Roman Clothing Essay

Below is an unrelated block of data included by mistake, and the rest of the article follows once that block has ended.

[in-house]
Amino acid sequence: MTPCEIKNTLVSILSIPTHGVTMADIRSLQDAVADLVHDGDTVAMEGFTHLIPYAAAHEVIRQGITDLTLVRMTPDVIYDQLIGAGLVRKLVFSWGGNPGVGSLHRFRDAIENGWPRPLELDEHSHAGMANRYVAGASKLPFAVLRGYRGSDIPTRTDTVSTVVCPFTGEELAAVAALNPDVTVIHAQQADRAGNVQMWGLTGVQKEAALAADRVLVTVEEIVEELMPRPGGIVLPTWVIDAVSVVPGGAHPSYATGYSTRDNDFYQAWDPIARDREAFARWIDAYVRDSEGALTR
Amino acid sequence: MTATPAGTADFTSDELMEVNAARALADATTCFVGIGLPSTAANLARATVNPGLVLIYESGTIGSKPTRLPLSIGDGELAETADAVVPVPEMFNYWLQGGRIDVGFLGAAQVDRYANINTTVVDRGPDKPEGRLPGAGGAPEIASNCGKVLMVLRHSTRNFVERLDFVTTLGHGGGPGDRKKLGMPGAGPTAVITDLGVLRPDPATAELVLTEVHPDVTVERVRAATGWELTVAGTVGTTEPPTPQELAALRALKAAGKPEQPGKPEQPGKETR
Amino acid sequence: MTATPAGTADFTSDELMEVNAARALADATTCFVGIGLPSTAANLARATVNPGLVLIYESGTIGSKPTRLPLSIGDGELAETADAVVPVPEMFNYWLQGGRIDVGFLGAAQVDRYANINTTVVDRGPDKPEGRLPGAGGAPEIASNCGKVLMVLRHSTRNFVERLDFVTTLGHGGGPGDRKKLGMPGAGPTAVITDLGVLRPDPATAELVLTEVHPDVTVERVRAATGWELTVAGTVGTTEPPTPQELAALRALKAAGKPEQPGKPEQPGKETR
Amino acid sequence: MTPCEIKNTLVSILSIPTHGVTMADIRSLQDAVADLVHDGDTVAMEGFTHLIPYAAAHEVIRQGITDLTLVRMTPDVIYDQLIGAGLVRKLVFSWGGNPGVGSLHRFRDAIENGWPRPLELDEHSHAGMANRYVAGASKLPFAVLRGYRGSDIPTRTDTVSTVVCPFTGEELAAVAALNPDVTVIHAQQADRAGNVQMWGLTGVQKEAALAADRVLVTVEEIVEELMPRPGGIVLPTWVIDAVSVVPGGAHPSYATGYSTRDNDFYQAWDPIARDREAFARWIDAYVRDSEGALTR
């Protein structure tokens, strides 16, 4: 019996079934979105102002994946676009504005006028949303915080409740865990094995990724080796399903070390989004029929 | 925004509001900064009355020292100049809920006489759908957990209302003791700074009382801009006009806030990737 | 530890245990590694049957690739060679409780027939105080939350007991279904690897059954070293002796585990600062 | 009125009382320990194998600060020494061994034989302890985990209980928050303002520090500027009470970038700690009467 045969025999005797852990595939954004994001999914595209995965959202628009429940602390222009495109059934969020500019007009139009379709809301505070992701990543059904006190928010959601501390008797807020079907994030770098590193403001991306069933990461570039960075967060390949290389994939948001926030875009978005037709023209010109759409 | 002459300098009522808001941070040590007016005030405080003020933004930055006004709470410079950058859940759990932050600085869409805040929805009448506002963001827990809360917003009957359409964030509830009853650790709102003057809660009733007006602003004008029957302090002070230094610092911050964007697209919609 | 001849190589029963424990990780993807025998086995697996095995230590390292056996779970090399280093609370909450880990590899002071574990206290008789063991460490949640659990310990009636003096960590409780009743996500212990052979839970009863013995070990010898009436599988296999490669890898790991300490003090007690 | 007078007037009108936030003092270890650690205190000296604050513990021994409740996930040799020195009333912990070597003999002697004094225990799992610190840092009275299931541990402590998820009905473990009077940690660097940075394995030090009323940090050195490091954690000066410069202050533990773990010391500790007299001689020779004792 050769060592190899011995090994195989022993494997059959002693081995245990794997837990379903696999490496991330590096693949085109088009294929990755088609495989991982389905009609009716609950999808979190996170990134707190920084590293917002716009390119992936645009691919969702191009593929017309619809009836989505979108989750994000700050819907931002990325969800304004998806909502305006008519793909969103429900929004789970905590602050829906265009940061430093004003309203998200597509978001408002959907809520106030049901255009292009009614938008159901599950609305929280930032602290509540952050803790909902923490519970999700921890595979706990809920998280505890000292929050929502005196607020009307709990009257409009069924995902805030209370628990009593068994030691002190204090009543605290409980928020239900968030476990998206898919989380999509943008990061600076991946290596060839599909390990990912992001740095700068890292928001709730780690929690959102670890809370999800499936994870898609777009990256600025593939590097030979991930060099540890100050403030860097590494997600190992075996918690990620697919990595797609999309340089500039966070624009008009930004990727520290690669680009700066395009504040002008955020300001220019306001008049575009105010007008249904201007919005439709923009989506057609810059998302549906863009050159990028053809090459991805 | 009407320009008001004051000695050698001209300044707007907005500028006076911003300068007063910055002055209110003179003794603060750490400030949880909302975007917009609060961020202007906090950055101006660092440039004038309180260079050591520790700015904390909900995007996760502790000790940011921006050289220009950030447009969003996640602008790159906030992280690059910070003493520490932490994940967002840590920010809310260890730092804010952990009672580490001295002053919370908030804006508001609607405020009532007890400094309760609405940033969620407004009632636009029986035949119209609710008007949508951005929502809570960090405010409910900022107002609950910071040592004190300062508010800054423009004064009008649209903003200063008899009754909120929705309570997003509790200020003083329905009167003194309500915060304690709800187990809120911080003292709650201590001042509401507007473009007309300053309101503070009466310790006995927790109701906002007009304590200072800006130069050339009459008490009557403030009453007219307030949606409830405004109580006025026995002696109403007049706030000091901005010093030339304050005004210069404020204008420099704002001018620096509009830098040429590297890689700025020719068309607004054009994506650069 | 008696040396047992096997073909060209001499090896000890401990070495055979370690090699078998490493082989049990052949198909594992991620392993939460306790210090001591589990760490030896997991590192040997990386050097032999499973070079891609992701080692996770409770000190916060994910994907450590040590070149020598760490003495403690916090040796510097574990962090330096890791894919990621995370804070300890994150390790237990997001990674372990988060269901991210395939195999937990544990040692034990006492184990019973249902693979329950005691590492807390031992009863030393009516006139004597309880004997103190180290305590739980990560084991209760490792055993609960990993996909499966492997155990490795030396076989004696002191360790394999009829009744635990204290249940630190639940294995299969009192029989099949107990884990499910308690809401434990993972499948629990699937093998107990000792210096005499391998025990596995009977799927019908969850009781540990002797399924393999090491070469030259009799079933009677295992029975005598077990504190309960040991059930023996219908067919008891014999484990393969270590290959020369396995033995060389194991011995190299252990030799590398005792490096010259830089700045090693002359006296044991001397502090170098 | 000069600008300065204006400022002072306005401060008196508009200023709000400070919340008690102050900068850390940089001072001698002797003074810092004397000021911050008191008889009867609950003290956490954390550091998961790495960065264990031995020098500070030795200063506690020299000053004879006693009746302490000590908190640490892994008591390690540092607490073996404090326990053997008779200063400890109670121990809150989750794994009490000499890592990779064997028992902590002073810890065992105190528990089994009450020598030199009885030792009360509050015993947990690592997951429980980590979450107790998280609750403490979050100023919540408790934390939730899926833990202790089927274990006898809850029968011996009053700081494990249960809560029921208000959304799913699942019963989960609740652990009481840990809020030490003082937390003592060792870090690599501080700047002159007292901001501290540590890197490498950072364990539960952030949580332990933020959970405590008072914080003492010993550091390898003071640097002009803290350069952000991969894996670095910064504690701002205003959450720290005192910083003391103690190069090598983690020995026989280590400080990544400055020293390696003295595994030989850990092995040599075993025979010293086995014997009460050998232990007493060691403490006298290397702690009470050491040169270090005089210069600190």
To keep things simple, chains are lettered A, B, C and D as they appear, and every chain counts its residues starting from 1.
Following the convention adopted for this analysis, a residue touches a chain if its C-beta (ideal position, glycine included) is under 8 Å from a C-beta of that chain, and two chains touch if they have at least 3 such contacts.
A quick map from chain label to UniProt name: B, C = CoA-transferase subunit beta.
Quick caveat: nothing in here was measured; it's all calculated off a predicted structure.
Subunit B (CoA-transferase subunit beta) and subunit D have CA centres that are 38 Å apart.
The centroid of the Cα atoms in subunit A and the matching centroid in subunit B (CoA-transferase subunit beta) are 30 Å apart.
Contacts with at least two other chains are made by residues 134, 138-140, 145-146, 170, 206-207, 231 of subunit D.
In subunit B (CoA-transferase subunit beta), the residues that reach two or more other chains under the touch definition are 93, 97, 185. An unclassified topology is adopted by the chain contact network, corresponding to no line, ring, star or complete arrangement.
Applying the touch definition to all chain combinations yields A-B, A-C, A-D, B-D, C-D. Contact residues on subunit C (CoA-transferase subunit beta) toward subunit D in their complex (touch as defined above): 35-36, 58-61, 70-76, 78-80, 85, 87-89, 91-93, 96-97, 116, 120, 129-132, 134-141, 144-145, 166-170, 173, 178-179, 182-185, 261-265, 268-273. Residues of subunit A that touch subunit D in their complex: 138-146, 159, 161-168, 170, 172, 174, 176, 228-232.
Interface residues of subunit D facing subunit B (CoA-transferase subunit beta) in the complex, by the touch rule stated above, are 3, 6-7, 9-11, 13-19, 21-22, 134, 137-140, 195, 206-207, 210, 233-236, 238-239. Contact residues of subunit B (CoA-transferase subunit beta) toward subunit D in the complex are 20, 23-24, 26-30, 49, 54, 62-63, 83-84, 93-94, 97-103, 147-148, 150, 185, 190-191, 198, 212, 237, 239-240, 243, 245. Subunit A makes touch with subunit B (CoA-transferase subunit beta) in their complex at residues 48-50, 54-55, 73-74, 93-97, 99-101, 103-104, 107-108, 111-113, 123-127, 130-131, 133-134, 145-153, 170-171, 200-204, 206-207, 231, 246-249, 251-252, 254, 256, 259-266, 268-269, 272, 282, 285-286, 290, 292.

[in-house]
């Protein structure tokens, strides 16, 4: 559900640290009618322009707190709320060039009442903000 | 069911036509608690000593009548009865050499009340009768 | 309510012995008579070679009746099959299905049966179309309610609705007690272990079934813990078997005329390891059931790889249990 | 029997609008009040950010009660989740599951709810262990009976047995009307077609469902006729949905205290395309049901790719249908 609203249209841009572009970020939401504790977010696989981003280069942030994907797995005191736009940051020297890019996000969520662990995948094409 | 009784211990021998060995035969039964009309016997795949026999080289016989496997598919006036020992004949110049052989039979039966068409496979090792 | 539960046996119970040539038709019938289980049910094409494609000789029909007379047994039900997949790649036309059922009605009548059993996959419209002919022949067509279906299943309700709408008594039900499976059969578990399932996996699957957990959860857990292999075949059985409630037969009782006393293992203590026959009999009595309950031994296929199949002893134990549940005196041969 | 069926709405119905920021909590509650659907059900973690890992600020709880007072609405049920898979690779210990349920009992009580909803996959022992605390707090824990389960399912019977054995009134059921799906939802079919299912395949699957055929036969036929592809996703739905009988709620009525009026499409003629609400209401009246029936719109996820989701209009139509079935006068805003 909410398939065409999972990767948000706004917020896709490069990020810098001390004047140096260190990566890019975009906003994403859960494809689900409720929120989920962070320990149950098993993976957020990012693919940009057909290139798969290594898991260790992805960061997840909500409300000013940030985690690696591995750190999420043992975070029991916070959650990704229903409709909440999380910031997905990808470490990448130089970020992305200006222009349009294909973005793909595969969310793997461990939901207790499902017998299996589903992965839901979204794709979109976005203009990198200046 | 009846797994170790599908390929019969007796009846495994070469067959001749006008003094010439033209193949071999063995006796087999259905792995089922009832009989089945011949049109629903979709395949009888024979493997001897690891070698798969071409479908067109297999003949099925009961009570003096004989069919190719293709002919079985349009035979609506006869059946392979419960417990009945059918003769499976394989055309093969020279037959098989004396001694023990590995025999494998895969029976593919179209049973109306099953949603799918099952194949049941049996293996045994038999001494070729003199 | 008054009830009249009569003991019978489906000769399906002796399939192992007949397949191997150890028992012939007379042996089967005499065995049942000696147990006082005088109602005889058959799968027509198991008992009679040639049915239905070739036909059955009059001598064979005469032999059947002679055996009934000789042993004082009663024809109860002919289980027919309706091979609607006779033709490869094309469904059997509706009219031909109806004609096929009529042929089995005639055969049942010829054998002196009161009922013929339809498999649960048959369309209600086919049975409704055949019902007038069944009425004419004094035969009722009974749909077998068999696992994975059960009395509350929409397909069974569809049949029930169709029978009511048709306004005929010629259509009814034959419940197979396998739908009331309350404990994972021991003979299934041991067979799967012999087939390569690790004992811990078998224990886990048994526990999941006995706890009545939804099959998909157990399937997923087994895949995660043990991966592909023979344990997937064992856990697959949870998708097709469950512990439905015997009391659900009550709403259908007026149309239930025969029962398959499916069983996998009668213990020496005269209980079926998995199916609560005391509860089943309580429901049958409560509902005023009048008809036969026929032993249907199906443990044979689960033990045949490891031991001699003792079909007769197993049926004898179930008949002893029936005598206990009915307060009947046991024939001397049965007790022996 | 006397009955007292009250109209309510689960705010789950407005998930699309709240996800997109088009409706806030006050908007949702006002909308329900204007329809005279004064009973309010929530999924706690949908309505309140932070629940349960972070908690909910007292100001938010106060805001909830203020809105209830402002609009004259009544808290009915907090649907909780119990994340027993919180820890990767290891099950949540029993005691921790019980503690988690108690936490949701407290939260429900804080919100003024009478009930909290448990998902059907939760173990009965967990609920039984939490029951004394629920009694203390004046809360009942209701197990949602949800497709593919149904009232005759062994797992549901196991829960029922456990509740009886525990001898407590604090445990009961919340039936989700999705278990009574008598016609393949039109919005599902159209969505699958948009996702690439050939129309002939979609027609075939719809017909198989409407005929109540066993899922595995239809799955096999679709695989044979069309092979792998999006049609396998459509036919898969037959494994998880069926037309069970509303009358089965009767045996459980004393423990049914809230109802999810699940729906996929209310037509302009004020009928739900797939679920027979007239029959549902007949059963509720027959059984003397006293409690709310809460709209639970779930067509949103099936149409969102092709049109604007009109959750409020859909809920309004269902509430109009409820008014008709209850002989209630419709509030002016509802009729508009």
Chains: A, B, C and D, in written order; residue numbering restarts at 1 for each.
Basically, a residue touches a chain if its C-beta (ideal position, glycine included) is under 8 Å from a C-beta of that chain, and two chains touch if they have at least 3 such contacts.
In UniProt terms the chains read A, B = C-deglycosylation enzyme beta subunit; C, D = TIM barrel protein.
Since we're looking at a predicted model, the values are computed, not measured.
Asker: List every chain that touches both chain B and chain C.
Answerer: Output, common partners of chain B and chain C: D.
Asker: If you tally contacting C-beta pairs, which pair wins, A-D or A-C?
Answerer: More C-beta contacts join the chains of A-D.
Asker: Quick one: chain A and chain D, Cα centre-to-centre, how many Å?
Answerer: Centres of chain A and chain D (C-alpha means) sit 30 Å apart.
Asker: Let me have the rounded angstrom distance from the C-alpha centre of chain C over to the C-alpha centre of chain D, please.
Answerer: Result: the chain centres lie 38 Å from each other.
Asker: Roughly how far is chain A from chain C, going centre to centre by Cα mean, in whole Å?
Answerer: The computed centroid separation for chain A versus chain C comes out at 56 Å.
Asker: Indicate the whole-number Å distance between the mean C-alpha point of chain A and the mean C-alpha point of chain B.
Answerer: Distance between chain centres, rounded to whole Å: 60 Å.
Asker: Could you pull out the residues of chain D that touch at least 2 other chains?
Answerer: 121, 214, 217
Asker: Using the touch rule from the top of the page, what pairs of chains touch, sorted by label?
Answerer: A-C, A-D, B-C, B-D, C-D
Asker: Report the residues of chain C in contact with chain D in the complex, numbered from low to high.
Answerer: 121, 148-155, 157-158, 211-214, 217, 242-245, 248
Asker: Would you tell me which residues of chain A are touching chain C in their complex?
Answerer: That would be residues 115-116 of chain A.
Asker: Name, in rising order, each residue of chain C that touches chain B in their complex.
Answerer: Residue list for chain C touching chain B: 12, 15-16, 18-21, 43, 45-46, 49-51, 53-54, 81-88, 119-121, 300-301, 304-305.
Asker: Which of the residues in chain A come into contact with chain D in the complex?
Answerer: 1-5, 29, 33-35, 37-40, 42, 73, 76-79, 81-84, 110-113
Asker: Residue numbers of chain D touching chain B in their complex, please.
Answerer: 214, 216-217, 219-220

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Roman Clothing and the Colour Purple Romans were known for wearing togas and tunics. Togas were also known as amictuses, which referred to around the body garments. Garments that were pulled over the head were called indumentas. Togas had a band of fabric in the centre and to the left of their chests. Many tunics were common with men and women. Noble ladies wore a short tunic of silk with gold fringes. Different colours and materials told whether the tunic was a men’s or a women’s. Men’s togas and tunics were often made of linen and wool, while women’s were often made of silks and cotton stuffs, which were imported. Footwear was sometimes the symbol of a high social class. A calceus was a low cut shoe, which was made of leather. It went part way up the leg. A calceus identified a Roman citizen. Slaves were not allowed to have them. A pero was a light boot worn in the country. It was made of raw and natural hide, and reached the calf. It was often laced the whole length. A synthesis was worn while eating. A synthesis was made up of tunic and toga characteristics. The top part was that of a tunic, and the bottom part, a full skirt like a toga. They were sometimes white, but women preferred colour tunics to plain, white ones. The colour purple was not supposed to be worn, however, unless the wearer was associated with royalty. Only royal people, people of authority, or people of high rank were allowed to wear purple. It is said that the colour purple was Cleopatra’s favourite colour. The colour purple in a room is said to boost imagination in people, especially children. It is also said that it could help with increasing creativity. Too much purple in one room however is believed to result in

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